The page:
Dr. Bill Ferrell, Fluor International Supply Chain Professor of Industrial Engineering and Associate Dean of the Graduate School at Clemson University, anticipates that technology will impact supply chains in four key areas between now and 2030. Ferrell, who authored Roadmap 2.0’s technology section, says “demand pull” will be a powerful force in implementation of technologies as supply chain segments require new capabilities to cope with constant change. These include:
1. Distribution center (DC) design. Short e-commerce order fulfillment lead times and demands for faster delivery by consumers—who increasingly live in urban areas that are getting more and more congested—means more distribution operations will need to be located within cities instead of outlying areas. “With the explosion of e-commerce, the greater need to move single-piece unit loads, and same-day or even same-hour last mile delivery expectations, I can’t imagine how a company can operate in cities like Chicago, Bangkok or Delhi and not have tall, multi-story, vertical DCs and order fulfillment facilities,” he said. “There will still be single-level, horizontally-oriented distribution centers in rural areas, but we’re going to see more verticality—and technologies that support it, particularly automated storage systems—within urban cores.”
2. Single-piece unit loads. Just a decade ago, manufacturing of pallet-loads of products was the norm. With the popularity and ease of online shopping via mobile devices for personalized items, the single-piece handling trend that has dominated e-commerce distribution is beginning to move even further upstream within supply chains. “In the original Roadmap, 3D printing/additive manufacturing was seen as a possible solution to this challenge because of its potential to eliminate finished goods inventory and ability to produce highly personalized items,” Ferrell recalled. “But now companies are beginning to realize it makes the most sense for discrete replacement part manufacturing.”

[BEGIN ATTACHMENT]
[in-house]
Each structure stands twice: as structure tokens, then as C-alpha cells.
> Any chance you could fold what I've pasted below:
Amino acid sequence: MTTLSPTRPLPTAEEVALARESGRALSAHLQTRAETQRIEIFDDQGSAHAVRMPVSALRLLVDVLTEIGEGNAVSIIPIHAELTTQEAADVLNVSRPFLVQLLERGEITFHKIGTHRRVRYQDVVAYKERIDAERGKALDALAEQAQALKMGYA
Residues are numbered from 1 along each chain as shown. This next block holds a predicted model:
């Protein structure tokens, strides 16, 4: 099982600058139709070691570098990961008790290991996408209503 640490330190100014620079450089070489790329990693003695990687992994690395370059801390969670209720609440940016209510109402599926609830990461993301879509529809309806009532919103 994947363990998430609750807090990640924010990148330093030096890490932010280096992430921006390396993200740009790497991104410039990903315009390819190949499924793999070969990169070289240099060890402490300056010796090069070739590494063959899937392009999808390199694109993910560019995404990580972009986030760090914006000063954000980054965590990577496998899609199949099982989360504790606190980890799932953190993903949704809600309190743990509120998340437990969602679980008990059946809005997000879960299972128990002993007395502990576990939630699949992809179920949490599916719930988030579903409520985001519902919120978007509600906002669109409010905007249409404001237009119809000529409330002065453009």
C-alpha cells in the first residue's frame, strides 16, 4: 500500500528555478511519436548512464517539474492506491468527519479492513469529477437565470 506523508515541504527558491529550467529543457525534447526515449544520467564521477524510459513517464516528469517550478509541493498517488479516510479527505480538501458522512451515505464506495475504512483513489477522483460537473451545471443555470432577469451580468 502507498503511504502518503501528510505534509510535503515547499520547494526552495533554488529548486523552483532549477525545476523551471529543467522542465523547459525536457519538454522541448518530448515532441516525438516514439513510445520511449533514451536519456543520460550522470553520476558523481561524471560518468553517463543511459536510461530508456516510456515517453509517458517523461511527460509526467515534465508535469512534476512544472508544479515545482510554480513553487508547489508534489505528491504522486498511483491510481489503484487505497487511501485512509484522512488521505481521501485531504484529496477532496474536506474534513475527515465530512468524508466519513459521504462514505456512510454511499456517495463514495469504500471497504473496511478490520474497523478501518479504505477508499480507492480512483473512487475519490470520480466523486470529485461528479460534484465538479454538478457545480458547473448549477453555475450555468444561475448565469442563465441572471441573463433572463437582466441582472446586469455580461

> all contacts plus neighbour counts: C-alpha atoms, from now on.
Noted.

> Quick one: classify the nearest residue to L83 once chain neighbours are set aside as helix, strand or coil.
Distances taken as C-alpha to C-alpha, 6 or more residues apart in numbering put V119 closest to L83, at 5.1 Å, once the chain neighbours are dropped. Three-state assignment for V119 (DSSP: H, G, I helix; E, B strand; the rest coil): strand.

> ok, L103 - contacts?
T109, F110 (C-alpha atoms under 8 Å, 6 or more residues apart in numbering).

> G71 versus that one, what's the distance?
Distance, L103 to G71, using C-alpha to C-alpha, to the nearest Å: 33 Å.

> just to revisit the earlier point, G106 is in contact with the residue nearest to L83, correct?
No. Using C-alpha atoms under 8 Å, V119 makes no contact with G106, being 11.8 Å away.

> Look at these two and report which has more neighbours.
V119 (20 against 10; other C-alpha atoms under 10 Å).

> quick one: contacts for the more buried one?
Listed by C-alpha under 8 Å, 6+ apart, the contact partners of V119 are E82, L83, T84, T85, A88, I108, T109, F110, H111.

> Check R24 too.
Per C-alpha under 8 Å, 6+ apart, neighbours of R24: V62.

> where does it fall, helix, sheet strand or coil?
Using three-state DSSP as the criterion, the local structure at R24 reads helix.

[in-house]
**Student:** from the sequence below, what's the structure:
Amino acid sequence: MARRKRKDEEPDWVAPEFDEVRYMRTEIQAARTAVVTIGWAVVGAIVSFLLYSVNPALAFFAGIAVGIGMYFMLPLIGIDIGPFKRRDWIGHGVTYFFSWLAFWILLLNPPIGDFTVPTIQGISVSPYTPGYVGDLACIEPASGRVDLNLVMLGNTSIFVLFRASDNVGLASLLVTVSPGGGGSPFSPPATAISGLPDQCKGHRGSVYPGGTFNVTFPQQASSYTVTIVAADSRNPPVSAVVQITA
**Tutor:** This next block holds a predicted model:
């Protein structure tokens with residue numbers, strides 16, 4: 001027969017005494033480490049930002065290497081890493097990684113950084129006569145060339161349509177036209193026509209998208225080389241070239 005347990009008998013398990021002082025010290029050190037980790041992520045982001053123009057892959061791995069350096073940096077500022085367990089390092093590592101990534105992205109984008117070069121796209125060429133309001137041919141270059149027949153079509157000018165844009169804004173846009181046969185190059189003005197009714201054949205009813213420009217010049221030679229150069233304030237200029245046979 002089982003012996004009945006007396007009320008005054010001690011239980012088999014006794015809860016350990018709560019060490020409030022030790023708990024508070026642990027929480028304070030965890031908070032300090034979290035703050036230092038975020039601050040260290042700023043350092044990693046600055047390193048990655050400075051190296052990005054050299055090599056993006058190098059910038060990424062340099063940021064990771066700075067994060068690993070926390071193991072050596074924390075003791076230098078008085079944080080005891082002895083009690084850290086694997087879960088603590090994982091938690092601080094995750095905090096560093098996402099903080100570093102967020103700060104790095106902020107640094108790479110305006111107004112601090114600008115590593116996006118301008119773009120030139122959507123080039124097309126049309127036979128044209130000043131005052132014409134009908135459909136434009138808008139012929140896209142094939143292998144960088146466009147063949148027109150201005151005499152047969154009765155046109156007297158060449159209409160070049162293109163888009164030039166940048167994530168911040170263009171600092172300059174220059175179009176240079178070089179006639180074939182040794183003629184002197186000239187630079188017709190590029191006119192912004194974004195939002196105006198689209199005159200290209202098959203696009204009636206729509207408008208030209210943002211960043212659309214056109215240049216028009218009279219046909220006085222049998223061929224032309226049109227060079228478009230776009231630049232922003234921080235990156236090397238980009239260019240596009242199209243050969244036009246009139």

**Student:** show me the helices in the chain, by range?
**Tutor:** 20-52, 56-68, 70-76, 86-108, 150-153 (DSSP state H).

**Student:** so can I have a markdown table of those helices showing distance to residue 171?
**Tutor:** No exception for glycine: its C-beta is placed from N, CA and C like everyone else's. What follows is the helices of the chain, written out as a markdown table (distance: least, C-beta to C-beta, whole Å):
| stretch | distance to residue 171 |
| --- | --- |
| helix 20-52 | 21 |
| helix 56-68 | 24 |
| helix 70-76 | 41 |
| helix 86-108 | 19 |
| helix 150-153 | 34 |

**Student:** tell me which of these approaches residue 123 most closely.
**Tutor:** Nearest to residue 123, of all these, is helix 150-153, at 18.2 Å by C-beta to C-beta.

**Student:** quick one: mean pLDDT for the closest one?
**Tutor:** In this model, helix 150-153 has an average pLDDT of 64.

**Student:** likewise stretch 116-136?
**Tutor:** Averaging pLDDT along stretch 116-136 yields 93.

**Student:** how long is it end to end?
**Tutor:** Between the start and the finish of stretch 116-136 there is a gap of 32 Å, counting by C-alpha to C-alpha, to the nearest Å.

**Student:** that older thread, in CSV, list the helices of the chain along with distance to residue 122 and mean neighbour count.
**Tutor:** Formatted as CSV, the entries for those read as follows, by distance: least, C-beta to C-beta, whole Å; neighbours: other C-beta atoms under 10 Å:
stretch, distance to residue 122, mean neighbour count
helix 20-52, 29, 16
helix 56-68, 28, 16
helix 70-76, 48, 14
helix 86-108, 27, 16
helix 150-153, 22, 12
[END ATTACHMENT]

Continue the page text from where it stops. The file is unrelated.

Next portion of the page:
3. Human/automation interaction. Interactive technologies such as wearable augmented reality devices (think smart glasses) that provide guidance in performing a task and robotics that support human work activities are emerging—and that’s opening up some exciting workplace possibilities, said Ferrell. “There are technologies that allow humans with physical limitations to compete for certain jobs they were not able to do before, and automation that eliminates unsafe jobs. Technologies that support people both cognitively and physically will deliver tremendous value within supply chains at multiple levels.”
4. Transportation and delivery. Outside the four walls, Ferrell anticipates that autonomous vehicles that still rely on a degree of human interaction will be implemented sooner than those that are 100% self-driven. “I think long-haul trucking will see the first autonomous, self-driving vehicles—but a human will continue to be along for the ride, and people will still be necessary at the point of interface for load transfer between trailer and building,” he said. “Longer term, however, McKinsey and Company predicted in a September 2016 report that within 10 years 80% of last-mile deliveries are likely to be made by autonomous ground vehicles and drones.”
Want to understand more about developing technologies and their potential impact on your supply chain between now and 2030? Download Roadmap 2.0, free of charge, here.